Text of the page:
Baby Orangutans Stolen As 'Pets' Wouldn't Stop Hugging Each Other

They were hidden in two boxes on a boat — and people couldn't believe what else they found when they opened up the rest of the cargo 😱

The two orangutans were just babies who should have been with their moms. Instead, they were far from home in a strange building with strange people all around them — and they were understandably scared. They wrapped their arms around each other, and squeezed for comfort.

These orangutans were two of 435 animals illegally caught from the wild in Sumatra, a large island in Indonesia, and smuggled onto a cargo vessel bound for Thailand. If they’d arrived at their destination, the animals would have been sold as exotic pets for large sums of money, either in Thailand itself or another country in Asia. However, Malaysian customs officials managed to stop the boat before it reached Thailand and rescue all of the animals, according to a news report.

Orangutan babies hugging each other
Facebook/Edwin Wiek

Besides the orangutans, there were baby saltwater crocodiles, sugar gliders, parrots and parakeets. While it’s not clear how they were being transported, Richard Thomas, global communications coordinator for TRAFFIC, an organization that campaigns against wildlife smuggling, doesn’t think the animals’ comfort would have been a consideration.

“I don't know details of this particular case, but often species are trafficked in very tight or enclosed spaces to help the traffickers avoid detection by enforcement authorities,” Thomas told The Dodo. “Birds are sometimes enclosed in tubes with breathing holes, and on occasion their eyelids [are] sewn shut so they will be quiet and docile.”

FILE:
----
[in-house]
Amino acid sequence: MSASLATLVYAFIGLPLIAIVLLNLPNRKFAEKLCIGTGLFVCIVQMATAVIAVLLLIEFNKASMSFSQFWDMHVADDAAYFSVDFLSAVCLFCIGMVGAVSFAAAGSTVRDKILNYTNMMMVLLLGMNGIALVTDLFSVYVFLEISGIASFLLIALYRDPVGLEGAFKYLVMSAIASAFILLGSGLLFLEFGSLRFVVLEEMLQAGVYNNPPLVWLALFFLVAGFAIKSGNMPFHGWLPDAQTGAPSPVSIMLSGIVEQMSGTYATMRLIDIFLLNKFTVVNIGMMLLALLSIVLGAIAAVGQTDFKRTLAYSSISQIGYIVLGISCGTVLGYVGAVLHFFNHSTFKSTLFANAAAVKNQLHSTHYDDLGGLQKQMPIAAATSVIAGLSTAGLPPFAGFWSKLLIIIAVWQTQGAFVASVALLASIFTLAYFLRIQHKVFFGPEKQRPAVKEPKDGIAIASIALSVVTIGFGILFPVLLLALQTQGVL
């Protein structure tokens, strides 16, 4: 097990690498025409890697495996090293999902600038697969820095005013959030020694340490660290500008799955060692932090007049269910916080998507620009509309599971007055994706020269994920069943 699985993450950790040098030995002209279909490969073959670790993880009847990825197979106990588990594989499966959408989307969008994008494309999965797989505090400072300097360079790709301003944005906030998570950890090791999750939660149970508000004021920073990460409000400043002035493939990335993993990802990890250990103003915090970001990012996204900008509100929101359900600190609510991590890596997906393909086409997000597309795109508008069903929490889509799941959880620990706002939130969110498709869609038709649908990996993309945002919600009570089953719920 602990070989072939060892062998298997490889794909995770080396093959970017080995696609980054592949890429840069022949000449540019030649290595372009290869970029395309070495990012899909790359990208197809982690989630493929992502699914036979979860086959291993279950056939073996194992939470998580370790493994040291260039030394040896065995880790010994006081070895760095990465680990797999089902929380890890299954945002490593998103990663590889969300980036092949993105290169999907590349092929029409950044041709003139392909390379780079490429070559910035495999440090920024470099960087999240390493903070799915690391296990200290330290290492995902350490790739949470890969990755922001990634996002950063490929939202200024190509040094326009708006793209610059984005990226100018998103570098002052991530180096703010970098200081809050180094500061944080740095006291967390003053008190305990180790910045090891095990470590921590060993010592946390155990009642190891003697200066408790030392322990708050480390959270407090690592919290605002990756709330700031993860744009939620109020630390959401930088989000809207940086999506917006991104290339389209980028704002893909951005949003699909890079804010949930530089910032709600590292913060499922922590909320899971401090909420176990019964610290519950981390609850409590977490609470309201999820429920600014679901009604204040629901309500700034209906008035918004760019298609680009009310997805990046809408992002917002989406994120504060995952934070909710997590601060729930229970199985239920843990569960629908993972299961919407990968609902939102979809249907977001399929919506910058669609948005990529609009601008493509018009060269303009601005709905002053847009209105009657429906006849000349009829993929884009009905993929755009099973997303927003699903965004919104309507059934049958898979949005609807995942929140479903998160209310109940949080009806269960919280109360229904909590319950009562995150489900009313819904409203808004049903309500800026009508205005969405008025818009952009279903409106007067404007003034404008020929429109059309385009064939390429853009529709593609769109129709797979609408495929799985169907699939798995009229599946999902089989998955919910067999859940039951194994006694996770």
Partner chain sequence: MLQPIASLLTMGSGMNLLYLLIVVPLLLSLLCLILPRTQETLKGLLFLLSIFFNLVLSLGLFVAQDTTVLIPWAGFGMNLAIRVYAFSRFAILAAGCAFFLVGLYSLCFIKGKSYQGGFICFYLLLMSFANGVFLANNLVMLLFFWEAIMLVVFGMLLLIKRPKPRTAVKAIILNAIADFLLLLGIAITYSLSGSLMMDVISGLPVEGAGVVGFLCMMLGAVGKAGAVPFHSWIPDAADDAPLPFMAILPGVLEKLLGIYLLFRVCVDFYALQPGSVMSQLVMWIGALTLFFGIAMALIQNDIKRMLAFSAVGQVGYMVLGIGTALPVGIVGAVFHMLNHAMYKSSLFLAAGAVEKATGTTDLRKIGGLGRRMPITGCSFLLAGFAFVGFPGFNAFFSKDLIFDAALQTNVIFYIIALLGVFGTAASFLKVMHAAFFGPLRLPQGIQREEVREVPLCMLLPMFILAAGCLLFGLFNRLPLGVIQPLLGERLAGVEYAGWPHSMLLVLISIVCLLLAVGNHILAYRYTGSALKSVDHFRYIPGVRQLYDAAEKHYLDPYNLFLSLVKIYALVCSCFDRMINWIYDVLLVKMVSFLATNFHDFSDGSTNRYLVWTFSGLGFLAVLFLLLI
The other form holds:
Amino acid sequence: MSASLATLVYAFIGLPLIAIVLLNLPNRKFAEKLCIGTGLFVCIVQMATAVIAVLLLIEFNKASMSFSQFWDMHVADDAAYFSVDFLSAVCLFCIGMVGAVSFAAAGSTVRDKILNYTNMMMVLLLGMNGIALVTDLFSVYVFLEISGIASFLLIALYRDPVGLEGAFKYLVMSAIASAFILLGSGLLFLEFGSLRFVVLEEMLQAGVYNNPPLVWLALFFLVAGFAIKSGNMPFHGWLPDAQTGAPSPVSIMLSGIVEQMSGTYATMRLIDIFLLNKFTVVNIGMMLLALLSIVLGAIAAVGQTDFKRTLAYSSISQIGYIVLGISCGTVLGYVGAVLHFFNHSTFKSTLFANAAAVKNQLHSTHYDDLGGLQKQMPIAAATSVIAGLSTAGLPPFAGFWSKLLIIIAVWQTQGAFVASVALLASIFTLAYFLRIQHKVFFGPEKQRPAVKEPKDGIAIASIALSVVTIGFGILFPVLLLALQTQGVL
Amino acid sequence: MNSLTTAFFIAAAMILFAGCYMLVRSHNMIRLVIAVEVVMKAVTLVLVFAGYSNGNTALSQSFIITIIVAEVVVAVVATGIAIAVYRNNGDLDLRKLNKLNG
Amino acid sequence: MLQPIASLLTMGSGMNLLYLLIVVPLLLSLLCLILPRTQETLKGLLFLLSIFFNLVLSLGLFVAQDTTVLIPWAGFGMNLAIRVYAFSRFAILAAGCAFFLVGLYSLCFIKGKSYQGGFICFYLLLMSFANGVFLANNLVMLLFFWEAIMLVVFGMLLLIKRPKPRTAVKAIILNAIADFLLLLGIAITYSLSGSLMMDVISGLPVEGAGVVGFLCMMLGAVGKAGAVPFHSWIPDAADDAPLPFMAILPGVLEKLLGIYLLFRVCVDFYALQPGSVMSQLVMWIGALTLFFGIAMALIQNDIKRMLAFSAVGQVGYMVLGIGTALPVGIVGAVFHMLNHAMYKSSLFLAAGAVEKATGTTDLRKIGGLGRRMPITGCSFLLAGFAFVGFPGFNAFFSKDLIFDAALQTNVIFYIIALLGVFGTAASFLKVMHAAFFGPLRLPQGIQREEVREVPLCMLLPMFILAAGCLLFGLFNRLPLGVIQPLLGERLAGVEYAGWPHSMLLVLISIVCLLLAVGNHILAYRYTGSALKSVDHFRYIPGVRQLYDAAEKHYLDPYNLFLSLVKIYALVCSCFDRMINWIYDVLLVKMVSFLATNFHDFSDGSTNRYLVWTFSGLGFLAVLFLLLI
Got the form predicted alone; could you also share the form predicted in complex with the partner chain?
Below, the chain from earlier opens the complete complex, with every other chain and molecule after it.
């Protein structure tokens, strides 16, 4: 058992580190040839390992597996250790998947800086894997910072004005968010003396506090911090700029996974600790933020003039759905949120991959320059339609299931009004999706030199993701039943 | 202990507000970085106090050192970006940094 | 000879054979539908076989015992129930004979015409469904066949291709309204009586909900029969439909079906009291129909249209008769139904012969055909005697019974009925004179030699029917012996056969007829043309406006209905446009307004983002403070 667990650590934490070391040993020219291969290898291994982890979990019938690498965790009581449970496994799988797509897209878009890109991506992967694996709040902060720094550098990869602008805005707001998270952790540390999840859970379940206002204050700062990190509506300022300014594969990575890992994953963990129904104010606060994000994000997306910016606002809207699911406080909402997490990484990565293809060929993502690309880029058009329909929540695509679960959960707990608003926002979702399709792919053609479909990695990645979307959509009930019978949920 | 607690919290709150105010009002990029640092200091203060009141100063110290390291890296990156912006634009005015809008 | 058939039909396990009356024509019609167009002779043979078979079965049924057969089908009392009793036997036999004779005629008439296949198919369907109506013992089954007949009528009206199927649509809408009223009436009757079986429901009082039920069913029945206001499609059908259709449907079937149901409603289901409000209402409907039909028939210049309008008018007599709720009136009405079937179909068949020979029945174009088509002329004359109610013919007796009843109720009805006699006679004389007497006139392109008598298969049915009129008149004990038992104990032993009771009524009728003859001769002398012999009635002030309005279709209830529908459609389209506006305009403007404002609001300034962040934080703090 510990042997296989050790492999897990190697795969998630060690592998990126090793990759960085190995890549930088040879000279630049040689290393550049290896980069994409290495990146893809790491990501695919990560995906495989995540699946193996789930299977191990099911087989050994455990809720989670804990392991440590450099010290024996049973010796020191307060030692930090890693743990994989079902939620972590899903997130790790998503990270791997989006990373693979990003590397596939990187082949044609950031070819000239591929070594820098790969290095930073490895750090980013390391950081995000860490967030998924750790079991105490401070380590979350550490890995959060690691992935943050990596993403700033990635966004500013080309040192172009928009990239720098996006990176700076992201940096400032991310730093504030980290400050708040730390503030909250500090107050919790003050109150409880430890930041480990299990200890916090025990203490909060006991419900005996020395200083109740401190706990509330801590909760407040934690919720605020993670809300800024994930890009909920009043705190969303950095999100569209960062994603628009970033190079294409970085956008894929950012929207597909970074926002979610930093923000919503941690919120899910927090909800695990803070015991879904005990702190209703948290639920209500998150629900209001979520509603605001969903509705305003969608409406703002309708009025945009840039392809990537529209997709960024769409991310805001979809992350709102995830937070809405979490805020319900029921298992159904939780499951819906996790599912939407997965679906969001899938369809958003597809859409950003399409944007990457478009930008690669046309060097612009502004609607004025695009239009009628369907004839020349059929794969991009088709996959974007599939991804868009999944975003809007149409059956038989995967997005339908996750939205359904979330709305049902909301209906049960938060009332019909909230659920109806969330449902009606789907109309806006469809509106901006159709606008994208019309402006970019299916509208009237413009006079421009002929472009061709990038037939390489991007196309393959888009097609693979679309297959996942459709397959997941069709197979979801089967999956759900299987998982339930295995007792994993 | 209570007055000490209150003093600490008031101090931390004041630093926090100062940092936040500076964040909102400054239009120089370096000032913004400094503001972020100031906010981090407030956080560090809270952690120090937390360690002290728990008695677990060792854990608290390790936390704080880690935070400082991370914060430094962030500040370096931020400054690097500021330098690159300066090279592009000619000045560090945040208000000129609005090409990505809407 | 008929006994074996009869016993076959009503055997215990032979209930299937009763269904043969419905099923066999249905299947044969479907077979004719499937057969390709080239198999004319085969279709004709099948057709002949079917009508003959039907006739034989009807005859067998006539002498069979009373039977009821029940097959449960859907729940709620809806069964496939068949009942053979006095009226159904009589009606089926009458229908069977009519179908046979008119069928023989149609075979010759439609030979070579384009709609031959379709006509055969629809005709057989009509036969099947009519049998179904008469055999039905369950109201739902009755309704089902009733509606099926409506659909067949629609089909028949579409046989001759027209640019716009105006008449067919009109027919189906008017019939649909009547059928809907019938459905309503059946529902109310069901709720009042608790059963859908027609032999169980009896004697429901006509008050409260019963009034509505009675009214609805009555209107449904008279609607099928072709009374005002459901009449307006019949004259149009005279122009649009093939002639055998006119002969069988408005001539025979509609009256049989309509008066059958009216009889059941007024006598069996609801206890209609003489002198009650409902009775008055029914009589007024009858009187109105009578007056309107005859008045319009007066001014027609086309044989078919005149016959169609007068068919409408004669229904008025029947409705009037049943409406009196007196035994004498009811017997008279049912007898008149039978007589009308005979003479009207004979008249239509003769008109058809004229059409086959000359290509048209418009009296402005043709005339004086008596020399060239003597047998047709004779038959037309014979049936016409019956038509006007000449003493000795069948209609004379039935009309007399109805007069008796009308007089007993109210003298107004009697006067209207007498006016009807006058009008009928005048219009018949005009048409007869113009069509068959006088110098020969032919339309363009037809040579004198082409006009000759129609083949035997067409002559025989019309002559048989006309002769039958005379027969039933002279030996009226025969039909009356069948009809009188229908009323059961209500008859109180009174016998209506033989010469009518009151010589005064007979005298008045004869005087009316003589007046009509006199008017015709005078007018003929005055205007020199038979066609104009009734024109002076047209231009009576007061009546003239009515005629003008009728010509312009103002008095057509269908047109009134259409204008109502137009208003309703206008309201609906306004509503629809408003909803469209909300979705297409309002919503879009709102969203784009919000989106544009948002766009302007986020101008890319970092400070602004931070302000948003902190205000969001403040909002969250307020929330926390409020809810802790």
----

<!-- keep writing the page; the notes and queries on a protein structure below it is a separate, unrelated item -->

Bird inside transport cage
Facebook/Edwin Wiek

As a result, smuggled animals often die in transit.

“In general, there is a relatively high mortality because of the covert nature of the trade, and the animals are likely to receive poor treatment,” Thomas said.

All of the animals would have greatly suffered, but the two orangutans, who both appear to be infants, would have found this experience particularly distressing.

Animals inside plastic cages
Facebook/Edwin Wiek

“Most certainly they will have been traumatized,” Lis Key, PR and communications manager for International Animal Rescue (IAR), told The Dodo. “They should still be in the care of their mothers in the forest, not confined in the dark, alone and frightened, surrounded by unfamiliar sounds and smells, far from their natural home.”

If the orangutans had ultimately been sold into the pet trade, they would have faced a “grim future,” according to Key.

Official holding rescued orangutan baby
Facebook/Edwin Wiek

“Any person who is prepared to keep an orangutan does not have the animal’s welfare at heart,” Key said. “Orangutans spend most of their life in the trees, moving around in search of food and building a nest to sleep in each night. These little orangutans would most likely have been kept in people’s homes and treated like playthings until they became too big and strong to manage. At that point, pet orangutans are either put in cages, chained up — or both. Their lives are utterly miserable.”

Three Indonesian men have been arrested in connection with this smuggling attempt, according to a news report, and the animals are now in the care of wildlife officials in Malaysia.

Officials holding rescued animals
Facebook/Edwin Wiek

“What has happened to the orangutans and all the other animals that were confiscated is heartbreaking,” Key said. “We can only hope that they now receive expert care and rehabilitation — and the chance eventually to return to their home in the forest.”

To help rescue orangutans and other wild animals, you can make a donation to IAR. You can also support investigations of wildlife trafficking by making a donation to TRAFFIC.